Air pollution presents a significant risk to human health in India, a fact which is now widely appreciated. Less well-known is a body of evidence suggesting that air pollution harms the day-to-day functioning of those with no diagnosable health harms, through avenues such as impaired decision-making and reduced capabilities in a wide range of tasks. Aguilar-Gomez et al. outline this research on the ‘non-health’ impact of pollution in various industries, and the ways in which people respond to ambient pollution.
In its 2021 revision of global air quality guidelines, the World Health Organization noted that “[t]he burden of disease resulting from air pollution also imposes a significant economic burden” (WHO, 2021). This is certainly true in India, which is home to 39 of the world’s 50 most polluted cities in terms of PM2.5 particulate pollution, where an estimated 18% of all deaths are attributable to air pollution (Pandey et al. 2021). But a growing body of work shows that exposure to air pollution can also have significant impacts on both physical and cognitive performance. Although these adverse effects are not diagnosable as diseases, they can have impacts on economic output and wellbeing that may be causing widespread but hard-to-detect harm to many Indians.
Some of these ‘non-health’ effects occur at the time of exposure and represent short-term reductions in performance, such as lower worker efficiency on especially polluted days. Other impacts represent accrued physiological damage that falls below the level of a medical diagnosis, but still impacts behaviour. From a policymaking perspective, these findings imply that even small reductions in air pollution exposure may have substantial economy-wide implications, since the number of people potentially affected by pollution is far larger than the number with associated medical conditions, and the thresholds at which damage begins are below those at which medical symptoms develop.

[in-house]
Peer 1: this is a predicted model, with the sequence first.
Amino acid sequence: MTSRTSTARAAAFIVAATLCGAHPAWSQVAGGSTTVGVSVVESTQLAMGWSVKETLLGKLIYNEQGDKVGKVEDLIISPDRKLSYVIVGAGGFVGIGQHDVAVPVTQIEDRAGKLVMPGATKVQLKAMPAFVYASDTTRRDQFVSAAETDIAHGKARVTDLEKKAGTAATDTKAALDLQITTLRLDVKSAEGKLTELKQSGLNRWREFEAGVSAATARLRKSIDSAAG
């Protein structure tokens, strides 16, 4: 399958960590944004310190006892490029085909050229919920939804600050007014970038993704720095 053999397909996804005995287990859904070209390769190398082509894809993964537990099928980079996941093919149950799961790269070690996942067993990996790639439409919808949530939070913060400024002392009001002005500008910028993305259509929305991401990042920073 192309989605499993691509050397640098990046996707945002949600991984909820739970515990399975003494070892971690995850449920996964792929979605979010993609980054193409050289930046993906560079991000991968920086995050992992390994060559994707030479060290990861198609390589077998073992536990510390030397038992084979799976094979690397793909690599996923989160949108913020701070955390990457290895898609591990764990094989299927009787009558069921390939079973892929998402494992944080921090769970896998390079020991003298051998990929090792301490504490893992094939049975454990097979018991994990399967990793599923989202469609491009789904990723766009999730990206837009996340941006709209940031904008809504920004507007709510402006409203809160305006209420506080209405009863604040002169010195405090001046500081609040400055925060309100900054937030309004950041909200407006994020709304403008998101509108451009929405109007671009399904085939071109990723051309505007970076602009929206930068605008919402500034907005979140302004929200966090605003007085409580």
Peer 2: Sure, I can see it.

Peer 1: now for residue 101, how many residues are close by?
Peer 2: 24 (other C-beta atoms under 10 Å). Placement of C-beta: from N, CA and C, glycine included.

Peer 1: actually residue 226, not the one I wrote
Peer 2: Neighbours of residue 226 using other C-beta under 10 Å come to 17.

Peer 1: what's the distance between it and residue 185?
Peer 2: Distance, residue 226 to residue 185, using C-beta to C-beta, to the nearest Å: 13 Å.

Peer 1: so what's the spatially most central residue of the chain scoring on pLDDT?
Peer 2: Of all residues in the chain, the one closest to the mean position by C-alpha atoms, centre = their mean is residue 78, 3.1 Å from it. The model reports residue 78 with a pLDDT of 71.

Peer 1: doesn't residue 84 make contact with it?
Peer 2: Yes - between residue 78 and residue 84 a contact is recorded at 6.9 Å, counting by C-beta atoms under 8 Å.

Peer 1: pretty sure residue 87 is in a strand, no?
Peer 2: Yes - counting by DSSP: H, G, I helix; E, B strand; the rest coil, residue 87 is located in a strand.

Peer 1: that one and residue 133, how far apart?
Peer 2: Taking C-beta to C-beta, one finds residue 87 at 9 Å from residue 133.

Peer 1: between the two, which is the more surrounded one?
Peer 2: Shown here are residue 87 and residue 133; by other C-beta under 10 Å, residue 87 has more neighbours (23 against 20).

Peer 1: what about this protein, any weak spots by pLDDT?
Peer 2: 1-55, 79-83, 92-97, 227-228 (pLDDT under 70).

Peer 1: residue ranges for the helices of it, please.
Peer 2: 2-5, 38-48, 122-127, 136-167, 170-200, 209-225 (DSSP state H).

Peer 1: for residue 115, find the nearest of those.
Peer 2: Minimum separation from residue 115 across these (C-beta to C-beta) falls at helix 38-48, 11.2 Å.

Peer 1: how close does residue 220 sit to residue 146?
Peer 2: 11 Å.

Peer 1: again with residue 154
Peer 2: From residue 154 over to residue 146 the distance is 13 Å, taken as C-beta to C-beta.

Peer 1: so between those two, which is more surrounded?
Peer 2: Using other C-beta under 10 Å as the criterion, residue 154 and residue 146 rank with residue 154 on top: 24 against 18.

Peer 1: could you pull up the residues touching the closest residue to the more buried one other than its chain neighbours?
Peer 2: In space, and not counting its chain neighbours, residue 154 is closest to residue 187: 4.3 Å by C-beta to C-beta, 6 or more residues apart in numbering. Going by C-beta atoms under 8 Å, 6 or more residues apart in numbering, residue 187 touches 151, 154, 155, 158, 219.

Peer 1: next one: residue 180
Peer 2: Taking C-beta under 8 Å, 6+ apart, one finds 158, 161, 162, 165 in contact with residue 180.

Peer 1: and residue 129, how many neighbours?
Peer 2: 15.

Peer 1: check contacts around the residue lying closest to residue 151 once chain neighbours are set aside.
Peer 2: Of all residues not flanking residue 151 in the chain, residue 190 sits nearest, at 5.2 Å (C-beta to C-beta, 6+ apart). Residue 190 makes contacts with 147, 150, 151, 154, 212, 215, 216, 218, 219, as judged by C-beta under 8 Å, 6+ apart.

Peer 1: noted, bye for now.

The long- and short-term effects of air pollution
Greater air pollution exposure on a given day appears to reduce worker productivity in industries as disparate as garment production (Adhvaryu et al. 2019), agriculture (Graff Zivin and Neidell 2012), food processing (Chang et al. 2016), call centers (Chang et al. 2019) and the court system (Kahn and Li 2020). These short-term impacts on the productivity of on-site workers are not explainable as the result of new or ongoing medical conditions caused by prolonged exposure, or of acute symptoms that make employees miss work. Rather, they can be understood as ‘non-health’ productivity effects on the workforce, separate from the effects of medical conditions that might result from long-run exposure. Beyond its effects on workers present on site, air pollution also appears to reduce labour supply, partly through health-related mechanisms (Hanna and Oliva 2015, Aragón et al. 2017, Holub et al. 2021) and partly through costly migration to less-polluted areas (Khanna et al. 2021). The short-term productivity effects of air pollution do not seem to be limited to the subset of industries or locations that have so far been studied individually; estimates conducted at the regional level or with nationally comprehensive firm data also find meaningful impacts on overall output (Fu et al. 2018, Dechezleprêtre et al. 2019), which combine productivity and labour supply effects. The effects of air pollution on productivity are found even in settings where pollution is significantly less severe than it is currently in India, suggesting that these productivity decrements may also be operating on a significant share of the Indian workforce at any given time.